Letts reveals the relationships within this dysfunctional family with a combination of sometimes explosive confrontations, scathing humor and shocking revelations. Bergan as Violet and Rodriguez as Barbara give especially powerful performances, but everyone else is terrific, too.

The production was directed by Christopher Liam Moore with sets by Neil Patel, costumes by Alex Jaeger, lighting by James F. Ingalls, and music and sound by Andre J. Pluess.


Because the central ideas in most of Shakespeare's plays are so timeless and universal, they lend themselves to re-imagining. Oftentimes this works, but sometimes it doesn't. Such is the case with "Measure for Measure." Artistic director Bill Rauch alters the setting to a modern American city with a sizable minority population. On paper, the idea seems OK, but in this case, it's a concept gone awry, largely because some of the acting doesn't measure up to the festival's usual high standards. This is especially true of Stephanie Beatriz's stilted performance as the central woman, Isabela, the novice nun who must choose between losing her virginity and saving the life of her brother, Claudio (Frankie J. Alvarez).

The cause of her dilemma is Angelo (René Millán), who has been empowered to enforce Vienna's laws during the absence of the duke, Vincentio (Anthony Heald, one of the stronger performers). One of those laws calls for the death of those who fornicate before marriage, as was the case with Claudio and his fiancee, Juliet (Alejandra Escalante).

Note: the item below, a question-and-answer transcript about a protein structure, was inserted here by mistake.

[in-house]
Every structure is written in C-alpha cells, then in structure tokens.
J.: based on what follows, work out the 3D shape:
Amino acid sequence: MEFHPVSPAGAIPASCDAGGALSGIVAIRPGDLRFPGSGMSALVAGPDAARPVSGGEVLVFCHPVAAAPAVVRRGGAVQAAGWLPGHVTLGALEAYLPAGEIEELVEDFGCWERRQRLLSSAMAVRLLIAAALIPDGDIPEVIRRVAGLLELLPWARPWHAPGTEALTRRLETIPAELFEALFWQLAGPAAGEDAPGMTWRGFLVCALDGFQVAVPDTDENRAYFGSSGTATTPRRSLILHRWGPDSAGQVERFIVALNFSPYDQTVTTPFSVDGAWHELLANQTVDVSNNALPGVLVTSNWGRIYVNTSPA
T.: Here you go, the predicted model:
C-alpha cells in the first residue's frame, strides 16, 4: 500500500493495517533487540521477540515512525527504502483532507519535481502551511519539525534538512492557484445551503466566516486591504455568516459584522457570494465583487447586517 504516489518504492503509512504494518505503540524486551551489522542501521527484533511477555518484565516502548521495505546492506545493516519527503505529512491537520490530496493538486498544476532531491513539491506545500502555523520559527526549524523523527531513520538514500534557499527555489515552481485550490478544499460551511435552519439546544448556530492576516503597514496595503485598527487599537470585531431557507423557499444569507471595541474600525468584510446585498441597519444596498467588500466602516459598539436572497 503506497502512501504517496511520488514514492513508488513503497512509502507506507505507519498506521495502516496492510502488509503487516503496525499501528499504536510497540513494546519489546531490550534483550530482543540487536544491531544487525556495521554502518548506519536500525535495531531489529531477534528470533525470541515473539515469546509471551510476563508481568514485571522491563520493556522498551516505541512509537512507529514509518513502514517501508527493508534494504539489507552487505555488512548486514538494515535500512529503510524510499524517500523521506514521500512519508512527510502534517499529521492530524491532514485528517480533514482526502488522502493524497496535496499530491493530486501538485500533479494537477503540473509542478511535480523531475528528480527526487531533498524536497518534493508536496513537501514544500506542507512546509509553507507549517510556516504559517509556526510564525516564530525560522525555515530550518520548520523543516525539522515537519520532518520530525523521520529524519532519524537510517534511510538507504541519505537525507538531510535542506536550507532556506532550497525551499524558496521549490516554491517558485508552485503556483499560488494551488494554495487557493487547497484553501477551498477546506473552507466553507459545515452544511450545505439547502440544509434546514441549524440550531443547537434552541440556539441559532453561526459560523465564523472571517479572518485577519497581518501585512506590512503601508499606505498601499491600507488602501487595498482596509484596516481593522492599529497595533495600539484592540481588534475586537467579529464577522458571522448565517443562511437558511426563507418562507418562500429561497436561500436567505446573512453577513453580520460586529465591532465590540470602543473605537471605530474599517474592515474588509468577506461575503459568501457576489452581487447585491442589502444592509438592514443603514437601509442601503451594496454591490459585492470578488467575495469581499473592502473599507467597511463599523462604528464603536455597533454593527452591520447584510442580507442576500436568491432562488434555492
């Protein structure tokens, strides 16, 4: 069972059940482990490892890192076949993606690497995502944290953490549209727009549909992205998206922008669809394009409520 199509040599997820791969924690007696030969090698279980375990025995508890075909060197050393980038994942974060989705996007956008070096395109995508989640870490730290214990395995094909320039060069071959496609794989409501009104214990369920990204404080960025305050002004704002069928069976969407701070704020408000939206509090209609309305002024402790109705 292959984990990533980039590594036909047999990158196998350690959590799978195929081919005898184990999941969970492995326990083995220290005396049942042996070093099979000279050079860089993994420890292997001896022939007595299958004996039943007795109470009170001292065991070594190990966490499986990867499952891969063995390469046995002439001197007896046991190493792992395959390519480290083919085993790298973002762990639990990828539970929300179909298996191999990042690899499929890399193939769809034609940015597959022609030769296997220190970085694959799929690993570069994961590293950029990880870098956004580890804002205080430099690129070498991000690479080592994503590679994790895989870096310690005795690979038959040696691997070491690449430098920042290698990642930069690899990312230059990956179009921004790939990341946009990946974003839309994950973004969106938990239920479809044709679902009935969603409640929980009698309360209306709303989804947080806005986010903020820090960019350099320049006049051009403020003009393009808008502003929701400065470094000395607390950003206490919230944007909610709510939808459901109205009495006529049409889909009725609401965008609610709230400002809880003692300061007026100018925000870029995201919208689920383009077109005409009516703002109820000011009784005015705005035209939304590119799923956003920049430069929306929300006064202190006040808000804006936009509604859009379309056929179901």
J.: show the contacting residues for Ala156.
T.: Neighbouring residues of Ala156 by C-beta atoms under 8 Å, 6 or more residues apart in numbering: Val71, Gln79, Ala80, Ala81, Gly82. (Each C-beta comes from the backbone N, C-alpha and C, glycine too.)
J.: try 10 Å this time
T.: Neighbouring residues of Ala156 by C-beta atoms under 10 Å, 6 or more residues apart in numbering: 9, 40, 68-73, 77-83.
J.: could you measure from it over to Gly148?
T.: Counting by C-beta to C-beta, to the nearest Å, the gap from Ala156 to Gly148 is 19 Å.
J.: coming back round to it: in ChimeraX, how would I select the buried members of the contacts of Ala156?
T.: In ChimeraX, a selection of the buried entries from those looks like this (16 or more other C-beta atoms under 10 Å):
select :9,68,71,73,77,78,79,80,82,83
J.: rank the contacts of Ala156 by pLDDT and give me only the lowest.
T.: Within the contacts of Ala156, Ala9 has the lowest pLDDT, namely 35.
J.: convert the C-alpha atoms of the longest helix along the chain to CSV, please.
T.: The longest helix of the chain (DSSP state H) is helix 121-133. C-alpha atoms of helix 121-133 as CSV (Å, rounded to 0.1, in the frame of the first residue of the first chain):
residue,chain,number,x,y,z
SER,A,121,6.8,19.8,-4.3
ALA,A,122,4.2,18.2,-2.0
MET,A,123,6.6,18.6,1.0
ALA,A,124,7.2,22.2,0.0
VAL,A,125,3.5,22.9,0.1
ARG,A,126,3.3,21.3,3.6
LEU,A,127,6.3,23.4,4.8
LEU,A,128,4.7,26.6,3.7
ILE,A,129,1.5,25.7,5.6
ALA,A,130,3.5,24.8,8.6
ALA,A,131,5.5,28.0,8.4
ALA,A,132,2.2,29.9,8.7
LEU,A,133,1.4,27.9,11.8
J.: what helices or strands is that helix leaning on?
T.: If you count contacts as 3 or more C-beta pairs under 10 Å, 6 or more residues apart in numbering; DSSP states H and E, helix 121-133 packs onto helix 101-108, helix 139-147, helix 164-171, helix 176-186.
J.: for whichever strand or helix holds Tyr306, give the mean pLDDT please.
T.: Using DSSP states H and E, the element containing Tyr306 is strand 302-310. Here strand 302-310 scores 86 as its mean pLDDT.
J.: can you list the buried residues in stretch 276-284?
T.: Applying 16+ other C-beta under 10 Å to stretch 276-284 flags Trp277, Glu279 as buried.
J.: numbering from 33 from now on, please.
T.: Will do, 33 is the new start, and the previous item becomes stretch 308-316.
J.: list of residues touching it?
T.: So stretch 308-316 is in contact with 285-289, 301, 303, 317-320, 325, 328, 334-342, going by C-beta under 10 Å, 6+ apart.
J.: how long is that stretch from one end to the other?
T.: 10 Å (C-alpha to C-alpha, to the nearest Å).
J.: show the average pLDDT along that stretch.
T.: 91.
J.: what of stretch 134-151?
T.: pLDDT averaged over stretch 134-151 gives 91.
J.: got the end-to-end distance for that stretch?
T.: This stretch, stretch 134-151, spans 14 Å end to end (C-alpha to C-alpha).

Those who are familiar with the play know that Angelo is foiled in the end, but I didn't stay to see it happen. I left at intermission, as did a few others in the audience.


The festival is presenting the world premiere of an adaptation of Molière's "The Imaginary Invalid" by Oded Gross and Tracy Young. The production features original music by Paul James Prendergast with lyrics by Gross, Prendergast and Young. Young also directs.

She updates the action from Molière's 17th century French Renaissance to the 1960s, though still in Paris. She also incorporates some of the techniques of commedia dell'arte, which was in vogue during Molière's time. However, the result is often too broadly played, with mugging and other antics milking the audience for laughs -- with mixed results.